from the but-will-it? dept
For quite some time now the FTC has been making lots of noises about the problems of the patent system and patent trolls in particular. While the US Patent Office itself has done little to address the problem, the FTC has recognized the harm patent trolling is doing to innovation and consumers. More than five years ago, the FTC released a big report on patent trolling and the problems it causes — suggesting that the Patent Office should start getting rid of vague patents with “indefinite” claims. That has happened a little bit, but much more because of the Supreme Court forcing the issue, rather than the USPTO listening to the FTC.
However, since then, it’s appeared that the FTC has only grown more concerned. Basically every year we report that the FTC is investigating patent trolls in some form or another. In 2012 (a year after that first report), the FTC began exploring patent trolling more thoroughly. In 2013, it announced an official investigation that would make use of subpoenas to find out how patent trolls were actually operating. Later that year it was revealed that it would subpoena 25 patent trolling operations. Since then, though, it’s been mostly crickets. There was one famous troll, MPHJ, who sued the FTC in a case that was dismissed.
And now, finally, after all these years, the FTC has released its big report. It appears that 22 patent trolling operations responded to the subpoenas, though many had “affiliates and other related entities” allowing the FTC to study many more patent trolling operations overall. The study lumps patent trolls (they prefer the euphemistic “Patent Assertion Entities” or PAEs) into two categories: litigation trolls and portfolio trolls. In short, litigation trolls are the smaller guys with just a small number of patents, who would threaten and sue companies (and quickly reach settlements) over those few patents. It’s more of a “mom & pop” shakedown kind of business. Portfolio trolls are the bigger, well funded operations, that have a massive portfolio of patents and play a more comprehensive shakedown game, going to lots of big companies and basically saying “you infringe on some of our patents, so give us a bunch of money to not figure out which ones.” Think: Intellectual Ventures or Acacia.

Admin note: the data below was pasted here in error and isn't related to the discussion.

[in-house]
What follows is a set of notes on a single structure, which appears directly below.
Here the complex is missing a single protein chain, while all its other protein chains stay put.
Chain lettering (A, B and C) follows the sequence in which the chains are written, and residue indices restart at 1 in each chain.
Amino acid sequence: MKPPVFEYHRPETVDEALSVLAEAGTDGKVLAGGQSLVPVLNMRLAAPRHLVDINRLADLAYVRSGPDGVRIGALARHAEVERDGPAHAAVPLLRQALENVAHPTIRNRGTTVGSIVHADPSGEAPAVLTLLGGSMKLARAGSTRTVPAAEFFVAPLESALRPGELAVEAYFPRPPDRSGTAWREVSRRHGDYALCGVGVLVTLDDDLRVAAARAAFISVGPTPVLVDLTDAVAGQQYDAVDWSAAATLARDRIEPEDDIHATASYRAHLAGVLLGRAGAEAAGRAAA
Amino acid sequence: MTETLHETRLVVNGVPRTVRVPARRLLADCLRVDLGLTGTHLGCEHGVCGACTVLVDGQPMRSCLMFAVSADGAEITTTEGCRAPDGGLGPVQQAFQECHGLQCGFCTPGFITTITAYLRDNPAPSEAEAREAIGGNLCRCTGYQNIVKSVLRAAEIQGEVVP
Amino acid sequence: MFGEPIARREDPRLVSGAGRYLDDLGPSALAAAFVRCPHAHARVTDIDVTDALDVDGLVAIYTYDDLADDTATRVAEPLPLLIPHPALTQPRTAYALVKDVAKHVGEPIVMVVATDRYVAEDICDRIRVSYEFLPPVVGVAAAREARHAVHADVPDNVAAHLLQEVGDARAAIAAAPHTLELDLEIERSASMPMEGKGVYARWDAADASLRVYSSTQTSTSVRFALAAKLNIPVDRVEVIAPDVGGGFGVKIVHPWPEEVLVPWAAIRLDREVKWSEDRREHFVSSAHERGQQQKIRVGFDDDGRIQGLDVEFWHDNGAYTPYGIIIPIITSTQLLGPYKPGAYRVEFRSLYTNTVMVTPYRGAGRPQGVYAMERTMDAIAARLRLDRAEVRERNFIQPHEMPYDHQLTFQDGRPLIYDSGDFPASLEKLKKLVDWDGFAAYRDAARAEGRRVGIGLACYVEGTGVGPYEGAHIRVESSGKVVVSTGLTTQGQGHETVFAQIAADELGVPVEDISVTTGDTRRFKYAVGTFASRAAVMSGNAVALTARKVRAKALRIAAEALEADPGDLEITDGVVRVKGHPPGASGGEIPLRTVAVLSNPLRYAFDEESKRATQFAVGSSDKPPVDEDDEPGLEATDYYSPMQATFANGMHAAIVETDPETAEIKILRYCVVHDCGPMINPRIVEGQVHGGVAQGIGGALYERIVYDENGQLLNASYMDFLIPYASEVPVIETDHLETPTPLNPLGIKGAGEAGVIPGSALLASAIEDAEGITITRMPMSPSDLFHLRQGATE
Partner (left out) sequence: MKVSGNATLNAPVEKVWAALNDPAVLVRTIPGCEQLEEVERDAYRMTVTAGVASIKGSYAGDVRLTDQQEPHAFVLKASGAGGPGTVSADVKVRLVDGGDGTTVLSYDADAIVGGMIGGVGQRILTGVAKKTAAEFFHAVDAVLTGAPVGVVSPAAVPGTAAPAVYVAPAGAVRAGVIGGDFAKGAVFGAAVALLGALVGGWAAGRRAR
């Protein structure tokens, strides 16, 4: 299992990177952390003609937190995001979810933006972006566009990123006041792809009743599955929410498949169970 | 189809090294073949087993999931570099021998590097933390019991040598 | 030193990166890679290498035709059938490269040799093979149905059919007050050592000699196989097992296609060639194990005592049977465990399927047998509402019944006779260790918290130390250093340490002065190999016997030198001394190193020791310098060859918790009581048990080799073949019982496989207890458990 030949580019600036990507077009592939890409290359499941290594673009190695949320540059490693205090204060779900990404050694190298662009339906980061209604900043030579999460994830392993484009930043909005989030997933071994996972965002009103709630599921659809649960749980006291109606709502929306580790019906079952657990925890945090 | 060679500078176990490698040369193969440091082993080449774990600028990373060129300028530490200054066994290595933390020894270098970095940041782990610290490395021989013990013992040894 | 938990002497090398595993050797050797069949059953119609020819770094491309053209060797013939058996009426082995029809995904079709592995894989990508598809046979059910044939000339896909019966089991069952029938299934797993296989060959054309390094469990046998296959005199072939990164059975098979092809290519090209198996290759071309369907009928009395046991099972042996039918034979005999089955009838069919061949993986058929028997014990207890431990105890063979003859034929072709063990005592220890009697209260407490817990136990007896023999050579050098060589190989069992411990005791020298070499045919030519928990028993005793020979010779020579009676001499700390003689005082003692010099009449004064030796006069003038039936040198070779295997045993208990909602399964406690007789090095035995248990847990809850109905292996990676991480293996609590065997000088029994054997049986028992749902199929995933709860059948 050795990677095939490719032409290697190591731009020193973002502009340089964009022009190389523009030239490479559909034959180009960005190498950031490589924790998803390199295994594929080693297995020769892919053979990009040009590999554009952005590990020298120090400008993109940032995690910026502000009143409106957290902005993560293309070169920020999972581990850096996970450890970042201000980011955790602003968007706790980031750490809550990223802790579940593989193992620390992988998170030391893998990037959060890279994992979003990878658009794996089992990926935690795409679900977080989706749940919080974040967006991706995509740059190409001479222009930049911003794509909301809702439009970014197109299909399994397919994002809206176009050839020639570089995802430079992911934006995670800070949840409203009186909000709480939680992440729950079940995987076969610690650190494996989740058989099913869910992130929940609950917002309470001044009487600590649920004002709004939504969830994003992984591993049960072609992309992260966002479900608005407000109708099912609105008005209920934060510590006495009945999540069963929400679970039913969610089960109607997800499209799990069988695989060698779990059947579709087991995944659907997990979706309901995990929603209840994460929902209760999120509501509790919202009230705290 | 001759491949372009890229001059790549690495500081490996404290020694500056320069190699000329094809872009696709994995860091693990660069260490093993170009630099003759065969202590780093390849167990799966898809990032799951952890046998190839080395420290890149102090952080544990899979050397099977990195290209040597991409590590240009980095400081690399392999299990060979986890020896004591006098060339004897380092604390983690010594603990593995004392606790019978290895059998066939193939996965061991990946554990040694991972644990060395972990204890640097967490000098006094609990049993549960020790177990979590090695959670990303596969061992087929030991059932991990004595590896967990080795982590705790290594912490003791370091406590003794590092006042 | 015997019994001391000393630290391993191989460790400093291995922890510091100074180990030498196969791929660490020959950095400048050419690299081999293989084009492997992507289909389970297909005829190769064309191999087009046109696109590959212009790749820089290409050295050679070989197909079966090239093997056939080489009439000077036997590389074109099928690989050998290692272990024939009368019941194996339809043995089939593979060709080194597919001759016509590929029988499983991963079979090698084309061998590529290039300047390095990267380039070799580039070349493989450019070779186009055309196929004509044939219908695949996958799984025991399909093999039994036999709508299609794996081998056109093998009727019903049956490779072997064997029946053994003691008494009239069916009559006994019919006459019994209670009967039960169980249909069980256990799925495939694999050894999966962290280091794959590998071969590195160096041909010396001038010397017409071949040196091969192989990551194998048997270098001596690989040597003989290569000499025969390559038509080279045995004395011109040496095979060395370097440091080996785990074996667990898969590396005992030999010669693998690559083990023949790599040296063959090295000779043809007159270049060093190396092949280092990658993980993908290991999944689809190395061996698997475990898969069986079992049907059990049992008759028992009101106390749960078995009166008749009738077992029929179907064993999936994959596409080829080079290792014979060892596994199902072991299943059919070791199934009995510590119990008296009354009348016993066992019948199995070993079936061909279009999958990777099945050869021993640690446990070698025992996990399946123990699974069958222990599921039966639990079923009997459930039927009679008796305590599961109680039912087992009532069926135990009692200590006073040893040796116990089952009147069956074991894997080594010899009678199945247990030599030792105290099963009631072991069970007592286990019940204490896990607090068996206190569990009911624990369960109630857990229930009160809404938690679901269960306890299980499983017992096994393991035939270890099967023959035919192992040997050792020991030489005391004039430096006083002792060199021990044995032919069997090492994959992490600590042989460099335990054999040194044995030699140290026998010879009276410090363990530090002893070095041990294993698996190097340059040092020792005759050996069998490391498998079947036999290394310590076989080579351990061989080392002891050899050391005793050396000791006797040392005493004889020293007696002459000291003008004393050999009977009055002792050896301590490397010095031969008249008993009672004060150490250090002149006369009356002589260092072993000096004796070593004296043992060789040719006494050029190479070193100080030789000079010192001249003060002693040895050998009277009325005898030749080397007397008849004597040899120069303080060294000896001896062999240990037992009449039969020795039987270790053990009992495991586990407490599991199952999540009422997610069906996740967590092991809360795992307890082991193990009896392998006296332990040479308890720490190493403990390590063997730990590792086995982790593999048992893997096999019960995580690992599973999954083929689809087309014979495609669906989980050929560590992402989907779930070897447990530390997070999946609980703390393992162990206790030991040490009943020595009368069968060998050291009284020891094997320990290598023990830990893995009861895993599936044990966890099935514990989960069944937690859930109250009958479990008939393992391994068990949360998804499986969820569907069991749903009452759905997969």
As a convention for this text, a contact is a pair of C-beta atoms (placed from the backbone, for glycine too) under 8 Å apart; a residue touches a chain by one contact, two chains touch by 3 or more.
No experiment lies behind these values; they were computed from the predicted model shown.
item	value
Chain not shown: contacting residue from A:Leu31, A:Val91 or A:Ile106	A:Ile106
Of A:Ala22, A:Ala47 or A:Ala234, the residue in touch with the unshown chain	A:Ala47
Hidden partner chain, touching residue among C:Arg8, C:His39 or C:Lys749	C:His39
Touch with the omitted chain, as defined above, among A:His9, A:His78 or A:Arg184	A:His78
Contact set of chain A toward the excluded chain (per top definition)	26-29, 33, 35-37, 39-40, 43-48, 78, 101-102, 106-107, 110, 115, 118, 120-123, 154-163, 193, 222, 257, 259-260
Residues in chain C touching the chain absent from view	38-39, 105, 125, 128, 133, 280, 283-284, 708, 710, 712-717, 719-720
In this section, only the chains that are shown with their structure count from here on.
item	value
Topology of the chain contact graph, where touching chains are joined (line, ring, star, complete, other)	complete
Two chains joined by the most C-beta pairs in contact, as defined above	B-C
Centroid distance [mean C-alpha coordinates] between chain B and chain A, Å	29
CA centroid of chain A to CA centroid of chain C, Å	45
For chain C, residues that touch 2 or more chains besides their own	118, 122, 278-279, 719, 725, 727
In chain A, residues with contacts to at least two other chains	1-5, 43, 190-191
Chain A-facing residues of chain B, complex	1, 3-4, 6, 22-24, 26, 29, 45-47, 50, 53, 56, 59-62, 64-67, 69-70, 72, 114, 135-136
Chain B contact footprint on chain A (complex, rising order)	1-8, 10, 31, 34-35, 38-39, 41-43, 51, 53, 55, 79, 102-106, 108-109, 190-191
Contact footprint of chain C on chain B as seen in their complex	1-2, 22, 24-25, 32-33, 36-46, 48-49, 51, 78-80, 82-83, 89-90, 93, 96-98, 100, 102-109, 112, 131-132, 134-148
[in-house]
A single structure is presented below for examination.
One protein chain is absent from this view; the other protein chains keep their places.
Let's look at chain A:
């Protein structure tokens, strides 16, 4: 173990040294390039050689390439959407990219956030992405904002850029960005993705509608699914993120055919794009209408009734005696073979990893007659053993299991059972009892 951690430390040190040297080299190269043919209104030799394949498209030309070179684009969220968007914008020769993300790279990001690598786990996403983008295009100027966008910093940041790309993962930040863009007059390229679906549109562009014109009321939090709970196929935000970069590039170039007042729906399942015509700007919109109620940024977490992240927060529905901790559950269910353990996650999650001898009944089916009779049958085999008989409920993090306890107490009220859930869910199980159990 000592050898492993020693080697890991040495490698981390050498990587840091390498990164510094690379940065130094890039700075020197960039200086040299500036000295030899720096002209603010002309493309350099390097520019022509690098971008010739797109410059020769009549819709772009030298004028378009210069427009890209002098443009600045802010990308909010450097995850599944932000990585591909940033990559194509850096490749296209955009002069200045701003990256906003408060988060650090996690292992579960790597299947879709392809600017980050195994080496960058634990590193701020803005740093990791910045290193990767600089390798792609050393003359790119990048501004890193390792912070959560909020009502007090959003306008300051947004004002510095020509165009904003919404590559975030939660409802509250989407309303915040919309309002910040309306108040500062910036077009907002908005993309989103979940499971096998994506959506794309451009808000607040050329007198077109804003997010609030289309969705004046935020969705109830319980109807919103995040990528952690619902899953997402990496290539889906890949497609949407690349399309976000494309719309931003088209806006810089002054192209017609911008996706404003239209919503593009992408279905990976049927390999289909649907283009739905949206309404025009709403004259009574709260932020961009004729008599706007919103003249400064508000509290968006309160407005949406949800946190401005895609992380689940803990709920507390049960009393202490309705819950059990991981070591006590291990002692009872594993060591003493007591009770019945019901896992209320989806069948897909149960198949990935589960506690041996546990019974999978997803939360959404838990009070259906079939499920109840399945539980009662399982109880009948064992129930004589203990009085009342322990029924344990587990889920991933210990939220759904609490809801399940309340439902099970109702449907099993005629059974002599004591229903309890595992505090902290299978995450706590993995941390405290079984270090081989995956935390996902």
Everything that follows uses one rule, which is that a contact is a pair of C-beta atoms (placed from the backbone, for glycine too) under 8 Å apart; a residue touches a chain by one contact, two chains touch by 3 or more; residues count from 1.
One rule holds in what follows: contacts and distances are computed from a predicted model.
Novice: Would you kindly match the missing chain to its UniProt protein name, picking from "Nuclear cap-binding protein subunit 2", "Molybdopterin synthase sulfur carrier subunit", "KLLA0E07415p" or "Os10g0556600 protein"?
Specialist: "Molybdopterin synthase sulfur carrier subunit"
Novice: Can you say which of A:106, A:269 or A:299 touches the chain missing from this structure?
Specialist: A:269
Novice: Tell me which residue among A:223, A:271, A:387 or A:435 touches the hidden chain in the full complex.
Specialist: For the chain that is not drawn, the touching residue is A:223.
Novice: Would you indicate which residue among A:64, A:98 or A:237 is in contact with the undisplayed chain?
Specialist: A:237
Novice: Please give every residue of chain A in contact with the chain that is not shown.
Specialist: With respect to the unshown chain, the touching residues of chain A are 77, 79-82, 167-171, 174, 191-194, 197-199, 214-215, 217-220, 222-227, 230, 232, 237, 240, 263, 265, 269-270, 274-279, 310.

The differences here matter, because the businesses are quite different. Lots of the actual lawsuits come from the litigation trolls as a sort of negotiation tactic. The portfolio trolls don’t actually have to go to court that often — they have “sales people” who are a bit more effective. But the amount of dead-weight loss to the economy from the portfolio trolls is much larger. When big companies agree to a portfolio troll shakedown it’s often for a tremendous amount of money. The FTC study found 80% of the revenue went to portfolios, and only 20% to litigation trolls — even though litigation trolls filed 96% of the lawsuits and 91% of the reported licenses.